Google Cloud, AWS Target Partners, Others, With New Cloud Certifications

Find out what each of the hyperscalers introduced this week.

Kelly Teal, Contributing Editor

April 14, 2022

3 Min Read
Cloud Certification

The hyperscalers are ramping up the types of cloud certifications managed service providers and other channel partners may earn.

The activity reflects the unstoppable momentum of cloud computing in general. While the exact figures vary, research firms throughout the industry predict market size to surpass $500 billion  over the next five years.

As such, this week, Google Cloud and Amazon Web Services both debuted new curricula that will come of interest to partners and their employees.

Google Cloud hit the market first on Tuesday with the announcement of its beta program for its Professional Cloud Database Engineer certification. (The news followed its Data Summit last week, which featured the Database Migration Program.)

“As more databases move to fully managed cloud database services, the traditional database engineer is now being tasked to handle more nuanced and advanced functions,” Andi Gutmans, general manager and vice president of engineering for databases at Google Cloud, wrote in a blog. “In fact, there is a massive need for database engineers to lead strategic decision-making and distinguish themselves with a more developed and advanced skill set than what the industry previously called for.”

To that point, Google Cloud has crafted the new cloud certification to give engineers the ability to translate business and technical requirements into real-world capabilities.

“Cloud database engineers are critical to the success of your organization and that’s why this new certification from Google Cloud is so important,” Gutmans said. “These engineers are uniquely skilled at designing, planning, testing, implementing and monitoring databases, including migration processes. Additionally, they provide the right guidance about which databases are best for a company’s specific use cases and they’re able to guide developers when making decisions about which databases to use when building applications. These engineers lead migration efforts while ensuring customers are getting the most out of their database investment.”

Why Cloud Certifications Are Coming at Rapid Pace

Google Cloud’s cloud certification efforts come as one research firm, Valuates, projects the global cloud database will hit $68.5 billion by 2026. Indeed, Google Cloud, the world’s third-largest cloud computing provider is optimistic that forecast will materialize — it’s offering 40% off the cost of its new cloud certification to entice participants. Google Cloud did not say how long the beta period will apply to the cloud database program.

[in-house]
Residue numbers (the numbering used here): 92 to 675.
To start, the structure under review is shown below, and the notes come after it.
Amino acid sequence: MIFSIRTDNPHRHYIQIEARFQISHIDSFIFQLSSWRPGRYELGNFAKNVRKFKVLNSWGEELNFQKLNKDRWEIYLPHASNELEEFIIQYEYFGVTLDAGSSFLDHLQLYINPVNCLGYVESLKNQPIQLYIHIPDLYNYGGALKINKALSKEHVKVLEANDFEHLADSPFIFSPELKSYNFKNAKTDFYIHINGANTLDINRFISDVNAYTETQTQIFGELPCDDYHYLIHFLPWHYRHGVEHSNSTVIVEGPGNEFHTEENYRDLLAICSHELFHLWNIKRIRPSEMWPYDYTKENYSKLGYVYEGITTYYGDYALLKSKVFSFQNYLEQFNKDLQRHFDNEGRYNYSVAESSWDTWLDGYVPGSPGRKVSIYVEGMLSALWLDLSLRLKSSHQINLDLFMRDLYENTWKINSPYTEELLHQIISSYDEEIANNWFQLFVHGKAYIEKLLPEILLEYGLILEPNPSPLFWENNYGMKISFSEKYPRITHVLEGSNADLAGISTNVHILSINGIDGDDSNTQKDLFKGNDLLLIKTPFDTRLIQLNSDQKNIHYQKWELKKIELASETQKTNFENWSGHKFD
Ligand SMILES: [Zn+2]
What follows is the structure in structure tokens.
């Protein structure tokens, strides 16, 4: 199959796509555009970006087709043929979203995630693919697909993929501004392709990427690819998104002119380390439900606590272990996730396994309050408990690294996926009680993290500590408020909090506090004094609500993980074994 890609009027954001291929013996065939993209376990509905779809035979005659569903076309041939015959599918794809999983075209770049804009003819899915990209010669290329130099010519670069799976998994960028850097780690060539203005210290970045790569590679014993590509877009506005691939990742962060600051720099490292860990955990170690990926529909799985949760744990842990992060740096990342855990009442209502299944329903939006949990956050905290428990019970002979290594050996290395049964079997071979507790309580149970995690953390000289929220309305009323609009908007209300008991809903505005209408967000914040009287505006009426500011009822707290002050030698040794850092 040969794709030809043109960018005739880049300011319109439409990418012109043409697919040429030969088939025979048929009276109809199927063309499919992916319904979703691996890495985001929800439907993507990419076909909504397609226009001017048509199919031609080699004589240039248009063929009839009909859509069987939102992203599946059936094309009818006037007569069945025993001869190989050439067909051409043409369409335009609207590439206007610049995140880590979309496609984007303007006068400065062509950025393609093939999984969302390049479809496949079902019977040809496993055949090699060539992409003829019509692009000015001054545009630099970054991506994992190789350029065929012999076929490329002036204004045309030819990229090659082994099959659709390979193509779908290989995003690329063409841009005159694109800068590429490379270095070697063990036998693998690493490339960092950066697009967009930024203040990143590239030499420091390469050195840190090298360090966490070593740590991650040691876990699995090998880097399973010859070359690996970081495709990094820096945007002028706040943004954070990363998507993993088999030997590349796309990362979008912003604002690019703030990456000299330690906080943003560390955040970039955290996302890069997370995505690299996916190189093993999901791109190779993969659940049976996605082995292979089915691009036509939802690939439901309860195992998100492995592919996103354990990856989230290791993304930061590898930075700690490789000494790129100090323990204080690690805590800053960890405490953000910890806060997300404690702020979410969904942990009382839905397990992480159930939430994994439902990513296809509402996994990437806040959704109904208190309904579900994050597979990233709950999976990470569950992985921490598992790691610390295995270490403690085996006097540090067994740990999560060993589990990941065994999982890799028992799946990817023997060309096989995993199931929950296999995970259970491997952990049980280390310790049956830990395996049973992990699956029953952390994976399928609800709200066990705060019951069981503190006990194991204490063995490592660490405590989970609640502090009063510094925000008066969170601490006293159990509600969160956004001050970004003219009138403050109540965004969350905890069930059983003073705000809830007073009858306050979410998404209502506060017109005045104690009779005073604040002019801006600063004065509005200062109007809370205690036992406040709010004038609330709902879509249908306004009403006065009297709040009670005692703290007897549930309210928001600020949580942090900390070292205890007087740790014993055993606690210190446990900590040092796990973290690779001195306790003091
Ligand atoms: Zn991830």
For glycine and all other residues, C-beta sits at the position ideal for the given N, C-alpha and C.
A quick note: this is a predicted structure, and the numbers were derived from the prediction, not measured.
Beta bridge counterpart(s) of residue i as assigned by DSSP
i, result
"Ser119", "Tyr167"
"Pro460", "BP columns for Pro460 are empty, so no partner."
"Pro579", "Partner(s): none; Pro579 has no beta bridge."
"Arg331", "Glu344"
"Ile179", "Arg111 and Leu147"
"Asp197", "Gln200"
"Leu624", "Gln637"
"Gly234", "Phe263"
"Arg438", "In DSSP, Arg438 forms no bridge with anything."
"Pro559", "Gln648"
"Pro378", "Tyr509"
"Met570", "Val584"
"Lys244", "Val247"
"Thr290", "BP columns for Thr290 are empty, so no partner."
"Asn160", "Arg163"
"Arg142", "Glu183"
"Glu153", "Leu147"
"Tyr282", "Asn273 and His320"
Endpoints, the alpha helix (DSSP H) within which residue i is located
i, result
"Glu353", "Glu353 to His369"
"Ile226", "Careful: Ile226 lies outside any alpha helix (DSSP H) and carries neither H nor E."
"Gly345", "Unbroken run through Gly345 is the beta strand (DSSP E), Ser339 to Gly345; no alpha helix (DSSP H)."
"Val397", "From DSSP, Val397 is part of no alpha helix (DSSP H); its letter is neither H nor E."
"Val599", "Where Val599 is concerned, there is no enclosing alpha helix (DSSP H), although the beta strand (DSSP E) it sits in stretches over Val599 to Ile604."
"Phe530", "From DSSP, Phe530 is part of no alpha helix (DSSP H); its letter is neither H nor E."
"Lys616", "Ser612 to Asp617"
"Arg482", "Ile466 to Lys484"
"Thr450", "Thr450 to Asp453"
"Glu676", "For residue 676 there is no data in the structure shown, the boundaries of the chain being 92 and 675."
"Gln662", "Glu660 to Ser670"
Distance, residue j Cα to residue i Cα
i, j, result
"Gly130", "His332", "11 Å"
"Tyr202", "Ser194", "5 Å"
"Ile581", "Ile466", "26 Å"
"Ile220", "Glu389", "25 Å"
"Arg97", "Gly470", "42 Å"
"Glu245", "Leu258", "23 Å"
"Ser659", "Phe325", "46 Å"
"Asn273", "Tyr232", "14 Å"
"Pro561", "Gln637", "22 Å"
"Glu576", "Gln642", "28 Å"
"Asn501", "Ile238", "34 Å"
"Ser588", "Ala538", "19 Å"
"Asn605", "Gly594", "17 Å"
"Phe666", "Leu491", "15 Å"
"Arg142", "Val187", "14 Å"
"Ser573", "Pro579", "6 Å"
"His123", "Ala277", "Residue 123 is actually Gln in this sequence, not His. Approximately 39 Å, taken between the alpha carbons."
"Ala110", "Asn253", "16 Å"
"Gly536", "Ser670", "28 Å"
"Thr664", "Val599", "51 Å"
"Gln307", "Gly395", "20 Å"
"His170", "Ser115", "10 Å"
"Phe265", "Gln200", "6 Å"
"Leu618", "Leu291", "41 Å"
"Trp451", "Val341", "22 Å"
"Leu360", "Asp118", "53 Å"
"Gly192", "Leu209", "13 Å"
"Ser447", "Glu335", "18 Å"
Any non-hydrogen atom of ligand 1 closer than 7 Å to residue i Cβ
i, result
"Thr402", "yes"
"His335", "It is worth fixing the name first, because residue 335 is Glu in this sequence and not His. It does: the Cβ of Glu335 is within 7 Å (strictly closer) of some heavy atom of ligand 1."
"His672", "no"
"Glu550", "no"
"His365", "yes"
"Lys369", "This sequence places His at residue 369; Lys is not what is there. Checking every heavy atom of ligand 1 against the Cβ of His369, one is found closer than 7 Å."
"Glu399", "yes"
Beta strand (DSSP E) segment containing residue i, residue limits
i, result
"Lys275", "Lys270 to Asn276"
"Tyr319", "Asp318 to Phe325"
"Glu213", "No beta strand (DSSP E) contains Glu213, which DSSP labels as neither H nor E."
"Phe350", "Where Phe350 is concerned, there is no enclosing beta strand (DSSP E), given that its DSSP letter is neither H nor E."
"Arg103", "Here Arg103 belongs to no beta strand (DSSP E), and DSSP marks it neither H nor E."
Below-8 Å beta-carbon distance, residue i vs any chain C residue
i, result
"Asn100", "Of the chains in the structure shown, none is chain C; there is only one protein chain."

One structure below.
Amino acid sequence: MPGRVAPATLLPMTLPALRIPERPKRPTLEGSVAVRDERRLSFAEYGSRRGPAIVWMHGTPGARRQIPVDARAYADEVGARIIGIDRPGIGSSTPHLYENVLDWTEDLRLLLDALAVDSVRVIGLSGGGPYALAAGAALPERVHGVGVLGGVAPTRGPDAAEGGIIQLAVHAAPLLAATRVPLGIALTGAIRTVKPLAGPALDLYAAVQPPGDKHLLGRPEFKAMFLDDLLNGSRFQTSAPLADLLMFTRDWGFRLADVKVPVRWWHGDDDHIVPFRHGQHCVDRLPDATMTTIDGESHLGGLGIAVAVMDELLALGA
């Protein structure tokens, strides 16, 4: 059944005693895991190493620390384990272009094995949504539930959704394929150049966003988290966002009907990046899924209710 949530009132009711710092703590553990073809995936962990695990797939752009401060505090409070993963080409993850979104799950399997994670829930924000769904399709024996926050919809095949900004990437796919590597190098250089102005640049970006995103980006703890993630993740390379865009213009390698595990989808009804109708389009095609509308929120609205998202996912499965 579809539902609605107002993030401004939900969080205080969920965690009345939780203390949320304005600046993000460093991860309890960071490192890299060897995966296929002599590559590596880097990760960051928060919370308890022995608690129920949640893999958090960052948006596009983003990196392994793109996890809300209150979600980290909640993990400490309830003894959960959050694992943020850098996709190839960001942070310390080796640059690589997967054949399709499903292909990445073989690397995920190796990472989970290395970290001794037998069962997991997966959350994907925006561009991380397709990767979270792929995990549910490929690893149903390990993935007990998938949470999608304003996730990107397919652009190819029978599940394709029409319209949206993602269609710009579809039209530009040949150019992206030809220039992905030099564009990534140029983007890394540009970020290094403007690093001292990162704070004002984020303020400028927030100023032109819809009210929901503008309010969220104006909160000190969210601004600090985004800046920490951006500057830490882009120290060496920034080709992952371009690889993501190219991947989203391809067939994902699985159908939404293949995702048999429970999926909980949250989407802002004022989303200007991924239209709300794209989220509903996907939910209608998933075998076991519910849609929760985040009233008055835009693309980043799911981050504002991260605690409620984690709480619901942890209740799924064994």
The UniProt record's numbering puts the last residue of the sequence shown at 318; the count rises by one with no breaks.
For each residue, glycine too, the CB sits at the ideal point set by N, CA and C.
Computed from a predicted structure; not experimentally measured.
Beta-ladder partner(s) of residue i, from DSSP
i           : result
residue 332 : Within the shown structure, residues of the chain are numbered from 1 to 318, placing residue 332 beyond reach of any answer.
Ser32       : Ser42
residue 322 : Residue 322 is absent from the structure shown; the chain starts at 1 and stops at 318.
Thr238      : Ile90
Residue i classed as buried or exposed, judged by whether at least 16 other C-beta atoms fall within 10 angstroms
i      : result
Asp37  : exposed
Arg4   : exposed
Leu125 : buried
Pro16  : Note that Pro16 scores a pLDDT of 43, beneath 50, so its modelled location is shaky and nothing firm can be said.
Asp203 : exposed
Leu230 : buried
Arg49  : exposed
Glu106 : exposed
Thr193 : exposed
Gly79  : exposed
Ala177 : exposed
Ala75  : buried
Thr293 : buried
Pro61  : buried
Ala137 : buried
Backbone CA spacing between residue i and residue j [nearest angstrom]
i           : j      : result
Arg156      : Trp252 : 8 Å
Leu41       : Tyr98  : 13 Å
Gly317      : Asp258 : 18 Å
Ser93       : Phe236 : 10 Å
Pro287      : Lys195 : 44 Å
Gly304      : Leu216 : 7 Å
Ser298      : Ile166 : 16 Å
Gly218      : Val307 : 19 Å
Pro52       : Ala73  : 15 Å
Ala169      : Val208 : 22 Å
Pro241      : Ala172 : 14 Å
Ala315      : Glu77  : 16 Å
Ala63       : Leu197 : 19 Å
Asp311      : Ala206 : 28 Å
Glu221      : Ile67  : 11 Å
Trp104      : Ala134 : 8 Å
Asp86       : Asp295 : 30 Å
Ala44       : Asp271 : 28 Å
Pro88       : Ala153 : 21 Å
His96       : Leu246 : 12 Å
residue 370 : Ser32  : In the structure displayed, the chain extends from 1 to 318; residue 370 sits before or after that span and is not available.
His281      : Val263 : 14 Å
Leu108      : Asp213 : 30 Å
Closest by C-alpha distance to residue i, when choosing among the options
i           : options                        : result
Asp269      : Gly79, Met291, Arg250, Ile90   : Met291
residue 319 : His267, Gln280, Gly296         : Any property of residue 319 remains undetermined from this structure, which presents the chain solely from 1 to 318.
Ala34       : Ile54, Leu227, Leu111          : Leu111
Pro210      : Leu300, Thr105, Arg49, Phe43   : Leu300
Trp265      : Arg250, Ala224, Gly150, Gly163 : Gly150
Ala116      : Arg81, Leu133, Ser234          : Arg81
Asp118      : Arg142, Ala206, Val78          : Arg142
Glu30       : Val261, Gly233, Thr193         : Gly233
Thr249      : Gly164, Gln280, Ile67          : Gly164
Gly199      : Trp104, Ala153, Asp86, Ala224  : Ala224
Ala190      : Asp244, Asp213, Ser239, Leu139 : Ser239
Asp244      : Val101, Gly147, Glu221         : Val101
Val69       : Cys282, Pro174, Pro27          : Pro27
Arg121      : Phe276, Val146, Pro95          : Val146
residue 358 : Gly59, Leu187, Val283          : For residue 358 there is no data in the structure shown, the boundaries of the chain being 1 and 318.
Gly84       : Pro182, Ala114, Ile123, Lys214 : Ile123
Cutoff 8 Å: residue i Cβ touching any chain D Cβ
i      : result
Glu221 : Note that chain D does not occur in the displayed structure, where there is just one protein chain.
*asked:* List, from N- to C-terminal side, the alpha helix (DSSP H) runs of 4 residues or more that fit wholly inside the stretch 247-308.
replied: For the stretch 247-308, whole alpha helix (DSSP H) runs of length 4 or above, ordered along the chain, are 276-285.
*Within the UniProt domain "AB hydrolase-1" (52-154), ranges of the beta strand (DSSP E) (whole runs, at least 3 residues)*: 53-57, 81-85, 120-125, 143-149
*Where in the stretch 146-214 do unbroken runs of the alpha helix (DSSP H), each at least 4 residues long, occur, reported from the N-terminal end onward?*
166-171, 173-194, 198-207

AWS followed Google Cloud’s news on Thursday with the expansion of its container and DevSecOps competencies. The former targets enterprise environments while the latter addresses the increasingly pressing practice of security. (Considering that, by 2031, a ransomware attack will strike every two seconds, and the annual expense of recovery at that point will cost $265 billion, that’s a big deal.)

Microsoft Azure, too, offers training and certification. The company updates its so-called learning paths and modules on a consistent basis.

Vendors’ cloud certifications give partners the ability to prove their specialization in specific and proprietary technologies and products. However, they’re often expensive, which can be tough for smaller channel partners. This week at the 2022 Channel Partners Conference & Expo, attendees learned about alternatives to the hyperscalers, which do not require cloud certification. Speakers from Linode and Vultr said this is because they have made their platforms so easy to use that complicating them with hefty training and education requirements doesn’t make sense. Such initiatives would also go against the ethos of appealing to MSPs and customers in search of independent options to the hyperscalers.

Want to contact the author directly about this story? Have ideas for a follow-up article? Email Kelly Teal or connect with her on LinkedIn.


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About the Author(s)

Kelly Teal

Contributing Editor, Channel Futures

Kelly Teal has more than 20 years’ experience as a journalist, editor and analyst, with longtime expertise in the indirect channel. She worked on the Channel Partners magazine staff for 11 years. Kelly now is principal of Kreativ Energy LLC.

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